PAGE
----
At Sunex we are using our deep design expertise, understanding of material properties, and state-of-the-art high-volume manufacturing process to deliver Digital Imaging Systems based on plastic, glass, and glass/plastic hybrid elements depending on the application, performance and environmental requirements of our clients from the Automotive, Security, VR/AR, Robotics, and Medical industry around the globe.
For the 1998 SPIE-Conference, Sunex Founder and CEO Alex Ning wrote a whitepaper discussing the key factors to consider when choosing between a plastic and full glass optic. Following is an excerpt from the whitepaper, which’s content is still holding up today.
Why Plastic Optics?
Glass and plastic optics each has its own unique advantages. The properties of glass materials are very different from those of plastic materials. There are literally hundreds of different glass materials available from well-know suppliers such as Schott, Hoya, and O’hara for making glass optics. The choice for plastic materials is limited only to about half a dozen. The attached table lists the currently available plastic materials and their key properties. Generally speaking, glass materials are harder and more durable than plastic materials. Glass materials are also more stable over a wider temperature range and humidity environment than plastic. Glass is much heavier than plastic (by a factor of 2.5x to 4x). The large selection of glass materials allows the designer to chose materials with desirable optical properties to gain better optical performance. This kind of freedom is limited with plastic materials. However, plastic optics offers other design freedoms that are not achievable or economical with glass optics.
The manufacturing processes for glass and plastic optics are entirely different. Glass lenses are made by a grinding and polishing process whereas precision plastic lenses are made by injection-molding. The differences in manufacturing process provide plastic optics some unique advantages as follows:
- High-volume production capability and low manufacturing cost: Injection molding process allows very high volume production, and the unit cost can be very low. Though it is possible to achieve moderately high volume production with glass optics also, it is virtually impossible to realize the same cost reduction because the grinding and polishing process is inherently time-consuming and labor-intensive.
- Design sophistication: The grinding and polishing process makes difficult and very uneconomical to produce surface shapes other than sphere or flat in glass materials. However, the injection-molding process makes it feasible and economical to produce more sophisticated optical shapes such as asphere and diffractive surfaces in plastic provided a mold is properly made. From the design point of view, the more sophisticated surface shapes provide much better performance for many applications.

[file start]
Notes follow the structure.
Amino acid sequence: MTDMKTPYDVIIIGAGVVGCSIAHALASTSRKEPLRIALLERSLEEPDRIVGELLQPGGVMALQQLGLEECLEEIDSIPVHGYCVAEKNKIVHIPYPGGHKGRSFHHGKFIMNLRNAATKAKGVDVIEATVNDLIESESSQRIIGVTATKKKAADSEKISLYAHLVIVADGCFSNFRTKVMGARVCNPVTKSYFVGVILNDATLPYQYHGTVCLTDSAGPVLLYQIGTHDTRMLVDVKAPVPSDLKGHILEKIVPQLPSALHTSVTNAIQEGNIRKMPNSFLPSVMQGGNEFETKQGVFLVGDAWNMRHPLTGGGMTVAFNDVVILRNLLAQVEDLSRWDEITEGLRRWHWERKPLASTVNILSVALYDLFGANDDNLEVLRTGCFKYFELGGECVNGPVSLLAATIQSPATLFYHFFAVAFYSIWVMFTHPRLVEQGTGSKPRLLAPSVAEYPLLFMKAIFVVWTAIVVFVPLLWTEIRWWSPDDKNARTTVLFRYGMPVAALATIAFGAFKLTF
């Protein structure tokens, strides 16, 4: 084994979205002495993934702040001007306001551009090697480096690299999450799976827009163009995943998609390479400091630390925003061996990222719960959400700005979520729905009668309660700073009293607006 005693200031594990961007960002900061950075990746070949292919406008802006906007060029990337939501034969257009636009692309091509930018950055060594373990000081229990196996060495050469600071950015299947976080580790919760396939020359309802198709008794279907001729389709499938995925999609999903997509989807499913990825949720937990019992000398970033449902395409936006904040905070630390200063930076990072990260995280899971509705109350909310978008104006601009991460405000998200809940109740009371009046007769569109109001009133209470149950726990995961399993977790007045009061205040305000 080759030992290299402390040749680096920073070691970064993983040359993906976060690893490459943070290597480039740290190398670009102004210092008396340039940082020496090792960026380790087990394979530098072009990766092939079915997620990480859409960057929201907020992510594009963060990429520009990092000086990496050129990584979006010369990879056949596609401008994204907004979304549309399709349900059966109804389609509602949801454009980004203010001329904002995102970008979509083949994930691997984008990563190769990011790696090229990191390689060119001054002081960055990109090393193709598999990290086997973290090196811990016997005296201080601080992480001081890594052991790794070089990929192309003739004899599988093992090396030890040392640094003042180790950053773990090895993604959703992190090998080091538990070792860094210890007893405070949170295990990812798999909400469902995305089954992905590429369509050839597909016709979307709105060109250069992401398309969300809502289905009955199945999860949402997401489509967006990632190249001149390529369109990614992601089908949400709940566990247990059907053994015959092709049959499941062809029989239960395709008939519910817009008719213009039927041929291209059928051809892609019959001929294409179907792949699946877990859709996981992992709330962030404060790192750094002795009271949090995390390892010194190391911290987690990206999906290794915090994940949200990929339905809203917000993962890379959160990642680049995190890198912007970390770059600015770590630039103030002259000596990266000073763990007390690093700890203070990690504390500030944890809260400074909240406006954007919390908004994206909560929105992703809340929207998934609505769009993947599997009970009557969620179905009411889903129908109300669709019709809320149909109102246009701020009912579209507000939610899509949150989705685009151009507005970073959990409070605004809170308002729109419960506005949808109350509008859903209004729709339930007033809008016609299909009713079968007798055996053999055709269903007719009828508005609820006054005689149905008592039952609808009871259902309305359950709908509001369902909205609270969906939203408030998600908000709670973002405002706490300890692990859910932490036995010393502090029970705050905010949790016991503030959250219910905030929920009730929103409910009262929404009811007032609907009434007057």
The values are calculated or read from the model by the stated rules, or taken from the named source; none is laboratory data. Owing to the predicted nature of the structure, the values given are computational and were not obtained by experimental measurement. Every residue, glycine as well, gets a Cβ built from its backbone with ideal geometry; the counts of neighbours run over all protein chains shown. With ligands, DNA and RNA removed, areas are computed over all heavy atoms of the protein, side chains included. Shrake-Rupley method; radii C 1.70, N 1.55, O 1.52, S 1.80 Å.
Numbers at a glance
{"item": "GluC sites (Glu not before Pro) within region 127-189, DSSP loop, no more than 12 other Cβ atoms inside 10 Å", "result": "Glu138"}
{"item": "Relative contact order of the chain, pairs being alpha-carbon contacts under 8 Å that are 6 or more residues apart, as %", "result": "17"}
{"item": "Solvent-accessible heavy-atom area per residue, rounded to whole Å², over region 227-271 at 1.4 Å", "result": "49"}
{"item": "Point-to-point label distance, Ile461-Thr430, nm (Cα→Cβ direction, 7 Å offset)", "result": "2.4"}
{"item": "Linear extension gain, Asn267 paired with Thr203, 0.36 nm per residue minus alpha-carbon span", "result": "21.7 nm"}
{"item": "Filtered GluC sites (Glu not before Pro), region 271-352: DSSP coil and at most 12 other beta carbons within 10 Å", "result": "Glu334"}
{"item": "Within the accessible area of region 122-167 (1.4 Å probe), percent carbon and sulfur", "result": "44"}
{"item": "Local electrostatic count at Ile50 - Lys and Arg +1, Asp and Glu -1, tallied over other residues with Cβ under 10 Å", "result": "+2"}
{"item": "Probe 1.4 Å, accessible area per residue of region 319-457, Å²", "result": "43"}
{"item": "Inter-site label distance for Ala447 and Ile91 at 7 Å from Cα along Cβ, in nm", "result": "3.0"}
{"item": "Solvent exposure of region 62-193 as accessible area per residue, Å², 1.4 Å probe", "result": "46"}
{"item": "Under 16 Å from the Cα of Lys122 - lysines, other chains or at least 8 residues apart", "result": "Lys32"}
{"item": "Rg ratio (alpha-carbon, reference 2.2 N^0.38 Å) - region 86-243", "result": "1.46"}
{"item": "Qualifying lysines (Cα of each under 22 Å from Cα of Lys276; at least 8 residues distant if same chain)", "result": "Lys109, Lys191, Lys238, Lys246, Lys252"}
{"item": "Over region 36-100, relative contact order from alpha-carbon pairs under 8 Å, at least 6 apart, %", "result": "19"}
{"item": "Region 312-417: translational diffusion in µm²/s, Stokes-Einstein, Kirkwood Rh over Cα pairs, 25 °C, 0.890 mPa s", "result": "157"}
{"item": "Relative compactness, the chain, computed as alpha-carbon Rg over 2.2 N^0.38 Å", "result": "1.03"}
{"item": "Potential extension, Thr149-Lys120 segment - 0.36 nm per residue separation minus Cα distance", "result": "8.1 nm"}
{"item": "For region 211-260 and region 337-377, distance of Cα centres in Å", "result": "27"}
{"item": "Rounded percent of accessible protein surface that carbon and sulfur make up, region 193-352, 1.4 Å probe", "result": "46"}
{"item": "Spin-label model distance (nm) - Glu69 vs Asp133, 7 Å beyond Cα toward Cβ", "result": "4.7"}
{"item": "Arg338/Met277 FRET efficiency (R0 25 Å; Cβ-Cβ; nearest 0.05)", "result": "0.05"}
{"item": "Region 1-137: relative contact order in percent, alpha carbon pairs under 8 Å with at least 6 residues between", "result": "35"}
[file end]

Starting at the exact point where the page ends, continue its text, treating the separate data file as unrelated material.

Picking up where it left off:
- Unique designs possible: Many useful designs that cannot be realized with glass optics can be achieved with plastic optics such as lens arrays and Fresnel lenses those are useful for a range of light dispersion and collection applications.
- Lightweight and shatter-resistant: The plastic materials are lighter weight and are more shatter-resistant. This feature is very important for head-worn optics such as headmounted displays.
- Integral mounting: For most optical applications, the individual optical components must be mounted in a system structure. With glass optics, it is done with separate mechanical mounting hardware. However, with plastic optics, it is possible to include the mounting features with the optical component. This not only reduces the overall system cost but also improves the reproducibility of the assembly.
- Consistent Quality: Plastic optics can be made with very consistent quality since all the lenses are derived from the same mold cavity (ies). Modern statistical control techniques are also been used to monitor the molding process to ensure a good yield is achieved.
The major drawbacks of plastic optics are mostly material related. For example, plastic material is more sensitive to environment changes such as temperature and humidity. In addition, the material flow pattern and shrinkage during molding also limit the surface accuracy that is achievable with plastic optics. The index distribution within a molded component may be inhomogeneous and varying with the polarization (birefringence). The chemical properties of available plastic materials also limit the performance of the optical coatings that can be deposited on the plastic materials. It is important for the optical designer to understand the advantages as well as the limitations of plastic optics before a decision is made to use plastic optics. We strongly suggest that you discuss with us before finalizing your designs
Read more about the design and manufacturing process and download the full whitepaper here: http://www.optics-online.com/dsl.asp